AND NOW ONTO THE EQUIPMENT WOES…
Here is a bulletted list for what didn’t make it into the picture:
- Sunday 4/3 – Broken front derailleur – I was climbing a steep grade and all of a sudden I hear a clunk/ping. I continue the climb but notice that my chain is rubbing on the front derailleur. On closer inspection at the top of the climb, I notice that there is a rivet missing from the front derailleur and so the whole derailleur is essentially split into two halves with the bottom part rubbing on not only the chain but also the front chainrings. I rode home very slowly trying not to ruin the chainrings. I ended up swapping out bikes and riding my old Trek after a little bit of work on it to make it rideable again and ended up just doing tons of climbing near my house – http://app.strava.com/rides/387911
- Monday 4/4 – Double flat – I was enjoying a slow, easy, wandering commute home with a ton of climbing when I started down the descent of Hackberry. I hit a small rock and heard the hissing sound of leaking air. Well, it turns out that it was a pinch flat (probably from not having pumped up the wheel in a week). I patched the tube and pumped it up to as high a pressure as I could with my frame pump (maybe 80psi?). I continued on my way home and then at the steepest part of the descent, which I was doing slowly, the tire went flat again. I was only a couple miles from home so I called Kristine to come pick me up, and she and Josiah came to my “rescue” a few minutes later! http://app.strava.com/rides/390412
- Tuesday 4/5 – Broken spoke – I was riding an old Cane Creek wheel because my Mavic training wheel was in desperate need of an internal hub cleaning to the point that it was no longer safe to descend at above 40mph without pedaling fast enough to keep the freewheel from spinning. The Cane Creek wheel was in pretty bad shape to begin with, but held together well on my Monday ride. Tuesday, though, I broke a spoke at the farthest out point of my ride. The rest of the wheel still had enough tension for me to ride home slowly. http://app.strava.com/rides/393157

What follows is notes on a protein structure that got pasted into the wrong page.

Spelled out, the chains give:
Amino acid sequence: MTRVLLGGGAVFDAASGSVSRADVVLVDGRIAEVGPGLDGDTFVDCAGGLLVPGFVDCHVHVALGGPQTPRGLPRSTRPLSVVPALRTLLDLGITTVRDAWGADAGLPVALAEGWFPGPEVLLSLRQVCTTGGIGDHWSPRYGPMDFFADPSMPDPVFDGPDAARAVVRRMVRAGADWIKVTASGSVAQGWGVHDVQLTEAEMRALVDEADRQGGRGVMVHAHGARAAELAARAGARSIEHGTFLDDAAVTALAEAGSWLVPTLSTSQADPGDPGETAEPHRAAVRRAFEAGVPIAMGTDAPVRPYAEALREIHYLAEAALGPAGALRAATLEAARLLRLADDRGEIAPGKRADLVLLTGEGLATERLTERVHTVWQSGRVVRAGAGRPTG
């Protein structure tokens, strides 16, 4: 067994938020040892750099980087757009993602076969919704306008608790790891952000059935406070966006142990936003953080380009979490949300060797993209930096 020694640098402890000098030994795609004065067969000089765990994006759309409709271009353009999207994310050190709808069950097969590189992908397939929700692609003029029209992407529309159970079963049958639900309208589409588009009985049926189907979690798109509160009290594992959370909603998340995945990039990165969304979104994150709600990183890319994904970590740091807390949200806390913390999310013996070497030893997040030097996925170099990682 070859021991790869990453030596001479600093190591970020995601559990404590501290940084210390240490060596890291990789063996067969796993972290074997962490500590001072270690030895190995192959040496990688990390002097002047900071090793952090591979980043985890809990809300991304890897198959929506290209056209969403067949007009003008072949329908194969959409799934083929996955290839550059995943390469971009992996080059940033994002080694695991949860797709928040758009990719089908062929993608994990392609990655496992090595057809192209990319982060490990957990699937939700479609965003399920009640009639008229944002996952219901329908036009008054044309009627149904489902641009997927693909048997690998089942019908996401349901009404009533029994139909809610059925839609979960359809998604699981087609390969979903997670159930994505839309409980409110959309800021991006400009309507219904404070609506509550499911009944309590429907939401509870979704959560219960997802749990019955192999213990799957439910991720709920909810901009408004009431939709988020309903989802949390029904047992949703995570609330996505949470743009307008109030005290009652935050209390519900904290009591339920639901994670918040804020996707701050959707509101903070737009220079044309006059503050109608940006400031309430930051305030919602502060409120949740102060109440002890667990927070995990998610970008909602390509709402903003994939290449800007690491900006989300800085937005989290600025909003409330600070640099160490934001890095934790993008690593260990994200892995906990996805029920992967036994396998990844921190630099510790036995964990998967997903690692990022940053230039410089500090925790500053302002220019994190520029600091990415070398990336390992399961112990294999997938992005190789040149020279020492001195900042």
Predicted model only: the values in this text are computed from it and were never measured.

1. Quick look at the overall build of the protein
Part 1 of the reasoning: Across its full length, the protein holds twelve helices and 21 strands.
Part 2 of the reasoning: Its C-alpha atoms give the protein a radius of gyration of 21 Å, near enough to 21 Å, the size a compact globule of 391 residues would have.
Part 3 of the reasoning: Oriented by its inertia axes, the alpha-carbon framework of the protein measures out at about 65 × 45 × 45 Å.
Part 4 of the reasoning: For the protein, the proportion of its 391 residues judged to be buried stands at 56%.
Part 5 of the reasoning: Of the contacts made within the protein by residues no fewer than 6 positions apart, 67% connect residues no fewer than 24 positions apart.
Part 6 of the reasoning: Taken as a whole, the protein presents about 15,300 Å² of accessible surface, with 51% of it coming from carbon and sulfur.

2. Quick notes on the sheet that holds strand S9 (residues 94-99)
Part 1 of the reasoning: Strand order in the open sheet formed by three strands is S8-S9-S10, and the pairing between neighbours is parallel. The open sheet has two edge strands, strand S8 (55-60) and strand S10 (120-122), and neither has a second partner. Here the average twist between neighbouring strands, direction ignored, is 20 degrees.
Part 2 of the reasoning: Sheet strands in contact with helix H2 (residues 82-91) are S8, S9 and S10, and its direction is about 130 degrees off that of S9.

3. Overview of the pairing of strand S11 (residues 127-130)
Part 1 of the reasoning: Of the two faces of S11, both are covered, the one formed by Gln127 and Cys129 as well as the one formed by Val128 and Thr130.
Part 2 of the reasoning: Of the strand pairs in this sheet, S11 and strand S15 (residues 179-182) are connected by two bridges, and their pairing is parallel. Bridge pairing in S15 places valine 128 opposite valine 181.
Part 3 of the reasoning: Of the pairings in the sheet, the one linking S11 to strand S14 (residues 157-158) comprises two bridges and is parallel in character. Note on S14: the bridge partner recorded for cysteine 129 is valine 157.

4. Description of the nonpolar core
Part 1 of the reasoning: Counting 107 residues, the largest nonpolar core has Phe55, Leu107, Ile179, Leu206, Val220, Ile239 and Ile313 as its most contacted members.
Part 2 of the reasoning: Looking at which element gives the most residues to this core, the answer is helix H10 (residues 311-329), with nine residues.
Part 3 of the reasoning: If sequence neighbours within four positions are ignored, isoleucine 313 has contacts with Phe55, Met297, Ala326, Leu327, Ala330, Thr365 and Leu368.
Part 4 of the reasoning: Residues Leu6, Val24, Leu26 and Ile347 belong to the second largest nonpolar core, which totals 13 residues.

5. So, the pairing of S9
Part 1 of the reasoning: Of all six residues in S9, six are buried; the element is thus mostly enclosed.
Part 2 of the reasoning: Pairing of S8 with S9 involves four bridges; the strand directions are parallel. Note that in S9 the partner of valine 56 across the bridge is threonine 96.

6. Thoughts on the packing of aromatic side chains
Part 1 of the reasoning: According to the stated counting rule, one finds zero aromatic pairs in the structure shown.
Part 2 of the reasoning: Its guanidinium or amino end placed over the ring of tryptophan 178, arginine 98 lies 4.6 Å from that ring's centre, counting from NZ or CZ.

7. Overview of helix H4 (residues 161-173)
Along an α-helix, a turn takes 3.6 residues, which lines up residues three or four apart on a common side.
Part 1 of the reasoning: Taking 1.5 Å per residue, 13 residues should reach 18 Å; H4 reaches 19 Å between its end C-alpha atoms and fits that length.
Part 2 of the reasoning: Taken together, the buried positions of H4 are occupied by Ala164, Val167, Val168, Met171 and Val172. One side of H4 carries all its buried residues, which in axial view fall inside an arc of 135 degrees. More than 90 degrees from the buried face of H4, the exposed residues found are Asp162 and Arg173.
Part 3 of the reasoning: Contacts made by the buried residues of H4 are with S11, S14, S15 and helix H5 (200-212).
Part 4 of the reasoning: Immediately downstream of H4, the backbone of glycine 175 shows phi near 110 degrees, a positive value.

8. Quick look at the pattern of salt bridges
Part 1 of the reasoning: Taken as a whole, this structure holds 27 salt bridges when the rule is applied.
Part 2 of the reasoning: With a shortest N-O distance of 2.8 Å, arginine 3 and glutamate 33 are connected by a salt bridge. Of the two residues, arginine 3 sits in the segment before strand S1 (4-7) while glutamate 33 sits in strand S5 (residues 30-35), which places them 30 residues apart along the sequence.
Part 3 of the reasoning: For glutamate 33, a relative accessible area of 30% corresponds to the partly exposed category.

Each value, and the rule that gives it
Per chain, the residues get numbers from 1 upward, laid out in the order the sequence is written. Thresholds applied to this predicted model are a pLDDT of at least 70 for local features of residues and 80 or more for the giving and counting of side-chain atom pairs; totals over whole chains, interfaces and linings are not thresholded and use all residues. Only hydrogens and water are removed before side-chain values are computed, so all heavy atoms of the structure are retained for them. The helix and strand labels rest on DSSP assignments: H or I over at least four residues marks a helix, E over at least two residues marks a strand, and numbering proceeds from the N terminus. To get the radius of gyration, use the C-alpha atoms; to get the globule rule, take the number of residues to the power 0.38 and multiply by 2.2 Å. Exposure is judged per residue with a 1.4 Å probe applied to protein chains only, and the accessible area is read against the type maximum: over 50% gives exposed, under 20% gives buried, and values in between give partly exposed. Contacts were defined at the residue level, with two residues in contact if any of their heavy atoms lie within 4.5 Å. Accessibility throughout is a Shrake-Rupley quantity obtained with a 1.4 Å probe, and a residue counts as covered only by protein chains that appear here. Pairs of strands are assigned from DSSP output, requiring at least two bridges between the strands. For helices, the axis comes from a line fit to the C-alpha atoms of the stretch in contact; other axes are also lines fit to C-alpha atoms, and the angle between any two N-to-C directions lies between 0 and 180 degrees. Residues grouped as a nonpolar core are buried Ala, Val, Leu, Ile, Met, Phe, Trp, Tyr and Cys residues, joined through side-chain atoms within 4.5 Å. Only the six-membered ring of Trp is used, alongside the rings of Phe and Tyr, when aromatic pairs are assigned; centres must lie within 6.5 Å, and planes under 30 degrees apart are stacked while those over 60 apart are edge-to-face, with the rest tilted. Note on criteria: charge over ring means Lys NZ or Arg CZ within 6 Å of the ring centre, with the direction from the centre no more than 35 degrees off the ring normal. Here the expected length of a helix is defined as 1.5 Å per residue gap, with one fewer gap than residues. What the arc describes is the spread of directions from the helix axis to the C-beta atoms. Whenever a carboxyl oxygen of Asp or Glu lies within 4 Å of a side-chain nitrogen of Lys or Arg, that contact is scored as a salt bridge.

- Wednesday and Thursday passed without incident.
- Friday 4/8 – Another flat tire – This was a puncture flat from a 10 week old tire with about 3600 miles on it. This was a rear tire which hadn’t worn through to the threads yet so I was surprised to puncture. I patched the tire up and made it home with no problems. http://app.strava.com/rides/401319
- Tuesday 4/12 – Another broken spoke – I was climbing up a hill in Mountain Brook and as I pulled over to a shady spot to pull out a powerbar from my backpack, I heard the familiar sound of a spoke breaking. I looked down and sure enough, I had another broken spoke. This one really put the wheel out of true, and I had to ride very slowly home to keep the tire from rubbing the frame. Definitely time to say good-bye to the Cane Creek wheel. $5 or best offer. Needs new spoke. Other spokes are frozen in place if you are looking to part out the hub you may need to cut the spokes off. http://app.strava.com/rides/419270
- Wednesday 4/13 – Extra wheel ride – All of this brings us to me riding home with my Mavic training wheel strapped to my back (photo above). And hopefully my run of bad luck / equipment breakdown is over for a while! http://app.strava.com/rides/424389
After hearing about all my equipment woes from the previous week, Roger hooked me up with these sweet Michelin racing tires, which I used for Dothan and Mississippi Gran Prix. Next up for these tires is Barbers this weekend and then USA Crits Speedweek (Athens, Roswell, Spartanburg, Dilworth, Sandy Springs). Also in this pic are the Rudy Project strydon sunglasses that I won from the January KOM climbing competition on Strava.
So that about sums up things, and randomly, here is my 4 year old mountain biking through the woods in our neighborhood. Check out those skills and no training wheels!